Raft trip: My sister arranged and invited seven of us to join her on a float down the beautiful McKenzie River in Oregon which involved a few whitewater stretches. It was very scenic and serene most of the time. It felt like we had the river to ourselves for most of the ten-mile trip.
Elizabethan Theater at the Oregon Shakespeare Festival in Ashland, Oregon. Photo source Destination360.
Ashland: Plays, plays, plays. Ashland, Oregon is host to a huge Oregon Shakespeare Festival every year. They have three theaters and run a dozen or more plays through them on a rotating basis. The first night we were there we say "Head Over Heels" which was a world premiere musical and a mash up of Arcadia, an epic poem written in Shakespeare's day, and music from the Go-Go's, a pop band from the 1980s. It was good fun. This was performed in the large outdoor Elizabethan Theatre. (See photo.) The next day we attended a matinee in the smaller Thomas Theatre, "The Happiest Song Plays Last."
Both plays were excellent and so different. After the matinee I jumped in the car and raced north to join my high school classmates for a reunion. My daughter stayed behind with her cousin and aunt. They saw two more plays: "Guys and Dolls" and "Much Ado About Nothing."

40th Reunion: I graduated high school in 1975 with around 270 other students. This past weekend around 70 of us gathered for a reunion. I haven't done a good job staying in touch with most of my old classmates but it was very fun reuniting for a weekend of reminiscing and updating.
One of the stained glass windows depicting life of Christ
Pipe organ and rose window at Corvallis First Methodist





















Spiritual homecoming: We haven't been back to Corvallis for years since my parents moved away in 1984. As we were driving around town on Saturday before the reunion dinner, Don and I went past the church I attended all the years I lived in Corvallis and where we were married. We decided to attend services the next day. As we entered the sanctuary I was bowled over by the rush of memories. The organist was playing something on the pipe organ, the familiar stained glass windows telling the story of Jesus's life, the beautiful wood benches and ceiling just swept me up. I was returning to my spiritual home where I first experienced God in a real way. I turned to Don and noticed that he too was "misting over" as he was remembering the place where we married. One of my best friend's mother and father came and sat with us, so a few folks remembered this gal who found her spiritual footing in this place over forty years ago.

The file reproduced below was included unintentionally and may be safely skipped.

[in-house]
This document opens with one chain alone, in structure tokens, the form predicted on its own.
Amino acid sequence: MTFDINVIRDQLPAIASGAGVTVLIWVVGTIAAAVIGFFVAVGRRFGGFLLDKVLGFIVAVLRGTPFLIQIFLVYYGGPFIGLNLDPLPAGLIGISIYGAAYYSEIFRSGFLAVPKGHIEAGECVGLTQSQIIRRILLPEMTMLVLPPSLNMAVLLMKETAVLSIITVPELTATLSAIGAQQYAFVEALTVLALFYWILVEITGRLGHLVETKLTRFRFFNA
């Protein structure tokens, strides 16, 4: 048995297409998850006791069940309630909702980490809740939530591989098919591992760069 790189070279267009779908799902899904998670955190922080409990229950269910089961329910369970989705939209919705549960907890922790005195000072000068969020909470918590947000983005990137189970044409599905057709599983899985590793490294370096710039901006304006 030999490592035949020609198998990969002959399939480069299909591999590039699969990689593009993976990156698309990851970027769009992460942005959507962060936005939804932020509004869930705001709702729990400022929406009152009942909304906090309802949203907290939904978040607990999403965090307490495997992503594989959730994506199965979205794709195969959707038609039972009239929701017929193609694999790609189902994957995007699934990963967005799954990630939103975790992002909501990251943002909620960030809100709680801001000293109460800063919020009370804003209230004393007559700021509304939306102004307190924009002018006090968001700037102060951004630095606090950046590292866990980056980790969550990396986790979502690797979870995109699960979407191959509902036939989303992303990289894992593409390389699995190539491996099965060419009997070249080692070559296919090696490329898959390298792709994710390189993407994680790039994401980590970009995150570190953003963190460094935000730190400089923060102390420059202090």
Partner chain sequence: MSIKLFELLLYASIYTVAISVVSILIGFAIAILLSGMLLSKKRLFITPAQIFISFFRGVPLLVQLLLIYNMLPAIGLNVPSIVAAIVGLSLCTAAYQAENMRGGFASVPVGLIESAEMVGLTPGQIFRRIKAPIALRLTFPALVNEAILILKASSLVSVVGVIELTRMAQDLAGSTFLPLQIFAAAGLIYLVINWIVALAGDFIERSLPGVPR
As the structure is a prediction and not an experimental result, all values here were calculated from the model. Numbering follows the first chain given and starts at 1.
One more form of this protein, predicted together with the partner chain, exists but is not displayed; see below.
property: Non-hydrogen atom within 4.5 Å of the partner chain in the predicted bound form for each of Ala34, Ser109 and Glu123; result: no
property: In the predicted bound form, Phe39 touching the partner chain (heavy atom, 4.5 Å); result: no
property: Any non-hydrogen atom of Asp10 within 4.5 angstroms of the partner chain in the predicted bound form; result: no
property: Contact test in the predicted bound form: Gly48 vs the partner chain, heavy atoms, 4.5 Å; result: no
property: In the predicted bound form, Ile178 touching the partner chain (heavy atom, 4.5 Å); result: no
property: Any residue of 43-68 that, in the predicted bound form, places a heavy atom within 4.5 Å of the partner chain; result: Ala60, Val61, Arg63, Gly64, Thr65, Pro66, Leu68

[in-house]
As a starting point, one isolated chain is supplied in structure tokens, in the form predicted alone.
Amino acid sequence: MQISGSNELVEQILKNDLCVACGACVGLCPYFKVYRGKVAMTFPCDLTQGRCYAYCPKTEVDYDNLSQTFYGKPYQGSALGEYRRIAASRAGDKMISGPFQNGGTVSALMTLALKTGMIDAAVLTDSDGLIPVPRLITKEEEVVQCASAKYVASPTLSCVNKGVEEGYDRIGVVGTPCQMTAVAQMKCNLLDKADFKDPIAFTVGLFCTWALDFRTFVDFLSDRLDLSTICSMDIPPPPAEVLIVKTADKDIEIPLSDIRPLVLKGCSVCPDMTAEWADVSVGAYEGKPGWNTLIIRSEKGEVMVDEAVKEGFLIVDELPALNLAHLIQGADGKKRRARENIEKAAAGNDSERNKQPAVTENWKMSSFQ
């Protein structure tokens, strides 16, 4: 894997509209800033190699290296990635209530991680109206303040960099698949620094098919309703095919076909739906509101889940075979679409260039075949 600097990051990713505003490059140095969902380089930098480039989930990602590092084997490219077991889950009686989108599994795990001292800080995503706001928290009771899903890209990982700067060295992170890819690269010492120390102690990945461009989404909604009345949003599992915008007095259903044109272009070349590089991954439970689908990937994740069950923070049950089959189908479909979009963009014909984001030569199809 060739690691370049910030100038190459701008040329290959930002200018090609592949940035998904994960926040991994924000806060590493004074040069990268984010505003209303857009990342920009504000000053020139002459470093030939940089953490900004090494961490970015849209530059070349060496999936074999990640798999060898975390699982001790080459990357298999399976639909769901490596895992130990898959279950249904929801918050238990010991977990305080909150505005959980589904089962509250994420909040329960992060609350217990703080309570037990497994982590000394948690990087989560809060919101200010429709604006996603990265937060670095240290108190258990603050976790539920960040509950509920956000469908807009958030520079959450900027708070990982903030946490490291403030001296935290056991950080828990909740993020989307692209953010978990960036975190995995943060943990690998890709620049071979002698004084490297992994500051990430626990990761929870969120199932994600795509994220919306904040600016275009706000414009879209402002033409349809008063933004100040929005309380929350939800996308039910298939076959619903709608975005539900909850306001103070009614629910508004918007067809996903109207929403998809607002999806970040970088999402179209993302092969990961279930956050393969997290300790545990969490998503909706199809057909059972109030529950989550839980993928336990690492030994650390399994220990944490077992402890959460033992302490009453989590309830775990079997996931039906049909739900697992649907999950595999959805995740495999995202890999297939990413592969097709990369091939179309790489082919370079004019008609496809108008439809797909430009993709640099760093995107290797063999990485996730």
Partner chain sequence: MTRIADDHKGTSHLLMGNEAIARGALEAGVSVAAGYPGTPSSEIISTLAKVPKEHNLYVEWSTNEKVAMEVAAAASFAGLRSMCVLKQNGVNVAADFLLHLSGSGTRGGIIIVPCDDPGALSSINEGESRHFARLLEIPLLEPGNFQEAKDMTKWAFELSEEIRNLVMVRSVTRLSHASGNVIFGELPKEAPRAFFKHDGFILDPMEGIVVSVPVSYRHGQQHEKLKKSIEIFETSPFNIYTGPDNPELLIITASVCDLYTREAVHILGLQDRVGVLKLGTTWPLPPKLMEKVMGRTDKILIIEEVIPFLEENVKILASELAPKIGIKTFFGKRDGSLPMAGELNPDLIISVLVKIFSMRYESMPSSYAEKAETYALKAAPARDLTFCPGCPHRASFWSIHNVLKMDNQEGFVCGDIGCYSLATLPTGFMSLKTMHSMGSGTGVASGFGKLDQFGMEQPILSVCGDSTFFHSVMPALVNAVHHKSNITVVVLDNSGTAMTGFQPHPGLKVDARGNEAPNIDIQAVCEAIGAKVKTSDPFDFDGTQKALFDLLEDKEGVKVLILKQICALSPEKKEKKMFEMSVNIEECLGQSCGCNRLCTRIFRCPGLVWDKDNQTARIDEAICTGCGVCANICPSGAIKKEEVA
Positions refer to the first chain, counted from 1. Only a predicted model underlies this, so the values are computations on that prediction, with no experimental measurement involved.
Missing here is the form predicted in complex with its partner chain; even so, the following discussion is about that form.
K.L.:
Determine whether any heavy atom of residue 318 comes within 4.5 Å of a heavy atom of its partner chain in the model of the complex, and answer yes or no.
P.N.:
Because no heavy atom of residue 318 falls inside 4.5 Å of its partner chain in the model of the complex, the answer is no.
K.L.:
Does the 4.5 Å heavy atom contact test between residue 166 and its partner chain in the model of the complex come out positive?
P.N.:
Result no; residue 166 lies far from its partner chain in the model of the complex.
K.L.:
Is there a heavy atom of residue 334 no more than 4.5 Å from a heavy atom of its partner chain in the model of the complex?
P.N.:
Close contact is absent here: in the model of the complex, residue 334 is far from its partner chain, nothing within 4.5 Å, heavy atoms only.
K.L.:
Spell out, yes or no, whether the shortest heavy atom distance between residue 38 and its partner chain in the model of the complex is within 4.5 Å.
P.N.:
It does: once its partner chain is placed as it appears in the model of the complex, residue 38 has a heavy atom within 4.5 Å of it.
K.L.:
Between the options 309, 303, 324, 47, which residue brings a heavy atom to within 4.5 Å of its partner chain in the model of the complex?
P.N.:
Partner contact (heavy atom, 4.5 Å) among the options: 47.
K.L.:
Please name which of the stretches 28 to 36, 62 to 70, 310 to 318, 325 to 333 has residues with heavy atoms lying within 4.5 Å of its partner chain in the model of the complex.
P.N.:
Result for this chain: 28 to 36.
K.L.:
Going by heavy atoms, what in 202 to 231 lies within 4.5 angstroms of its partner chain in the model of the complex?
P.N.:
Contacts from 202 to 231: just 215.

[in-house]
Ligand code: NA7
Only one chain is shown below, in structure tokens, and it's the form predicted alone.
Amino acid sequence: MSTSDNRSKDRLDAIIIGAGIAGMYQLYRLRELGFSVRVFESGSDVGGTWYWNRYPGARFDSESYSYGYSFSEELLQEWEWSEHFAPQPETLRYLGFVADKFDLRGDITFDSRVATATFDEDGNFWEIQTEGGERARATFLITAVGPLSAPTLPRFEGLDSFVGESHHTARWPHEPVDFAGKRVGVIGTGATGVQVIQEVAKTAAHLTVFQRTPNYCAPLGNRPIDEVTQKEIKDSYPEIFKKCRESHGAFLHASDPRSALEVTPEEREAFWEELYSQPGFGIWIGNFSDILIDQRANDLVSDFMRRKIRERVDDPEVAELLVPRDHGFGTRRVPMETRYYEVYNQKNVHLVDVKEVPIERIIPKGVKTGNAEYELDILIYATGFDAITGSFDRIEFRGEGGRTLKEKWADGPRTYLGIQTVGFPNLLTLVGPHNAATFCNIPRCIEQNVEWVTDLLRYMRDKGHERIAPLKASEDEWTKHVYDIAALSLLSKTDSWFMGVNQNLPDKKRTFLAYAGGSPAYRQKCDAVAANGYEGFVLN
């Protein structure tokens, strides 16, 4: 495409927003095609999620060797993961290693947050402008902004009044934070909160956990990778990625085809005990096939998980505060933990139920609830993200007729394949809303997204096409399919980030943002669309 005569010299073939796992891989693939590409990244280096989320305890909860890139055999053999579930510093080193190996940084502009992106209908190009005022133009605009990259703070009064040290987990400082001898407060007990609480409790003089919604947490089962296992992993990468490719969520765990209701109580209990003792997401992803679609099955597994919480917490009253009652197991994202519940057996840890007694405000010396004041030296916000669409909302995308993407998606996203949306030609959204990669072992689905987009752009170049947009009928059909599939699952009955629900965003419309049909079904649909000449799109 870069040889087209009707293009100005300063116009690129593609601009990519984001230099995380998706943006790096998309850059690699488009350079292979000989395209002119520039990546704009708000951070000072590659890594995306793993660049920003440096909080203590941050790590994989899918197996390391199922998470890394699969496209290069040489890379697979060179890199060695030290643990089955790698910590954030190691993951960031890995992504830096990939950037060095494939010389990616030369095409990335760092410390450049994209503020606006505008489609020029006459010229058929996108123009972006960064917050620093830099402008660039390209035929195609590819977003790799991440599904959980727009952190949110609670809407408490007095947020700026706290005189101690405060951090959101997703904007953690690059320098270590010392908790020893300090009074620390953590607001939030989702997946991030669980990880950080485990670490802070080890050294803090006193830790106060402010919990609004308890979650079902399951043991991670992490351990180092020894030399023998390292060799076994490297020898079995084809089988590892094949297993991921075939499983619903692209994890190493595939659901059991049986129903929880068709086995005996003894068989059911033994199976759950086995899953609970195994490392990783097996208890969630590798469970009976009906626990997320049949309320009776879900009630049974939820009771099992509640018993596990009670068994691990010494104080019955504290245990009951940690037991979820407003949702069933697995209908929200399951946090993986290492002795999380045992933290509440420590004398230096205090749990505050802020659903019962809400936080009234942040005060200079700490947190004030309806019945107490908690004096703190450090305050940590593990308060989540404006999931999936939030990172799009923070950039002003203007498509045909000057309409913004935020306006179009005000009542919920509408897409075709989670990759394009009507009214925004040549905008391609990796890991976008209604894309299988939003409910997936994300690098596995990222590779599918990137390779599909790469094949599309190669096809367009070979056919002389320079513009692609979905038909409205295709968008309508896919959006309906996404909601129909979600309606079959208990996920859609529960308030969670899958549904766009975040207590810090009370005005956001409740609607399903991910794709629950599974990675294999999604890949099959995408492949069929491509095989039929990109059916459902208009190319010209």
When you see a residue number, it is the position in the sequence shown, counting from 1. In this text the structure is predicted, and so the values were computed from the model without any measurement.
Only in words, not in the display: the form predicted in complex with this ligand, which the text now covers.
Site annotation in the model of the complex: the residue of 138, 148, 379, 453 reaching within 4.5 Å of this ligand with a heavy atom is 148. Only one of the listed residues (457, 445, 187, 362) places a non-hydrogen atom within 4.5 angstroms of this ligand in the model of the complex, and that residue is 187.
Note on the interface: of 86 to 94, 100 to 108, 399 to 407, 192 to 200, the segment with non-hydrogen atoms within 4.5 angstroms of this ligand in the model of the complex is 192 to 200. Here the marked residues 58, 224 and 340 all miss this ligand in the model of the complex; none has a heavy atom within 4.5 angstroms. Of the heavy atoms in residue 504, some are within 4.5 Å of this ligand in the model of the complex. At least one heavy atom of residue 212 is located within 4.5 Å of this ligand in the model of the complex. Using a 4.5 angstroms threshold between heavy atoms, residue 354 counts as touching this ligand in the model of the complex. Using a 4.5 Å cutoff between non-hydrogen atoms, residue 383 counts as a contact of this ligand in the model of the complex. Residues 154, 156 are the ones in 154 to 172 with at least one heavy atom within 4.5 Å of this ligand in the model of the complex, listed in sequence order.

Books this week:
  • Go Set a Watchman by Harper Lee...very controversial but I recommend folks read it. Please check out my review which includes some historical information from the time period in which it was written.
  • The Wrath and the Dawn by Renee Ahdieh...I didn't realize it was the first book in a series. Boy did it leave us on a cliff-hanger. (Audiobook)
Currently reading:
  • X: a novel by Ilaysah Shabazz...the early years of Malcolm X. Audiobook. I listened to this on the parts of the trip when I was in the car alone. (Page 307 of 348)
  • Simon vs The Homo Sapiens Agenda by Becky Albertalli (e-book) (page 112 of 337)
Drive home: after leaving Corvallis I had to drive south to Eugene to pick up Carly who came up from Ashland with my sister and her husband earlier in the day. My mom hosted a birthday luncheon and then we headed north right into heavy traffic. The trip took over an hour longer than usual to get home. Don had a light dinner waiting for us and we fell into bed. It was a long, but rewarding week!


Sunday, July 26, 2015

Liebester Award

I was awarded another award this week, this one by Paein and MS4Tune. Thank you for this honor. Some of the questions are quite silly but I had fun. I am supposed to award these to ten other blogs, but instead I encourage my readers to grab the questions and have fun with them, too.
liebster-award2
  1. What is your favorite classic novel? Why is it your favorite?
    Pride and Prejudice. There is just something about the story that appeals to me.
  2. For some reason, the universe is feeling generous and everyone gets $10,000 next weekend to go anywhere in their respective countries. Where would you go?
    Alaska. I've only been once and saw very little of our 49th state. I want to see more.
  3. Have you ever seen a shooting star? Did you make a wish? Care to share? Did it come through?
    Yes. I'm sure I did when I was a child but I don't remember what I wished for.
  4. What’s your favorite type of blog post to write?
    Book reviews.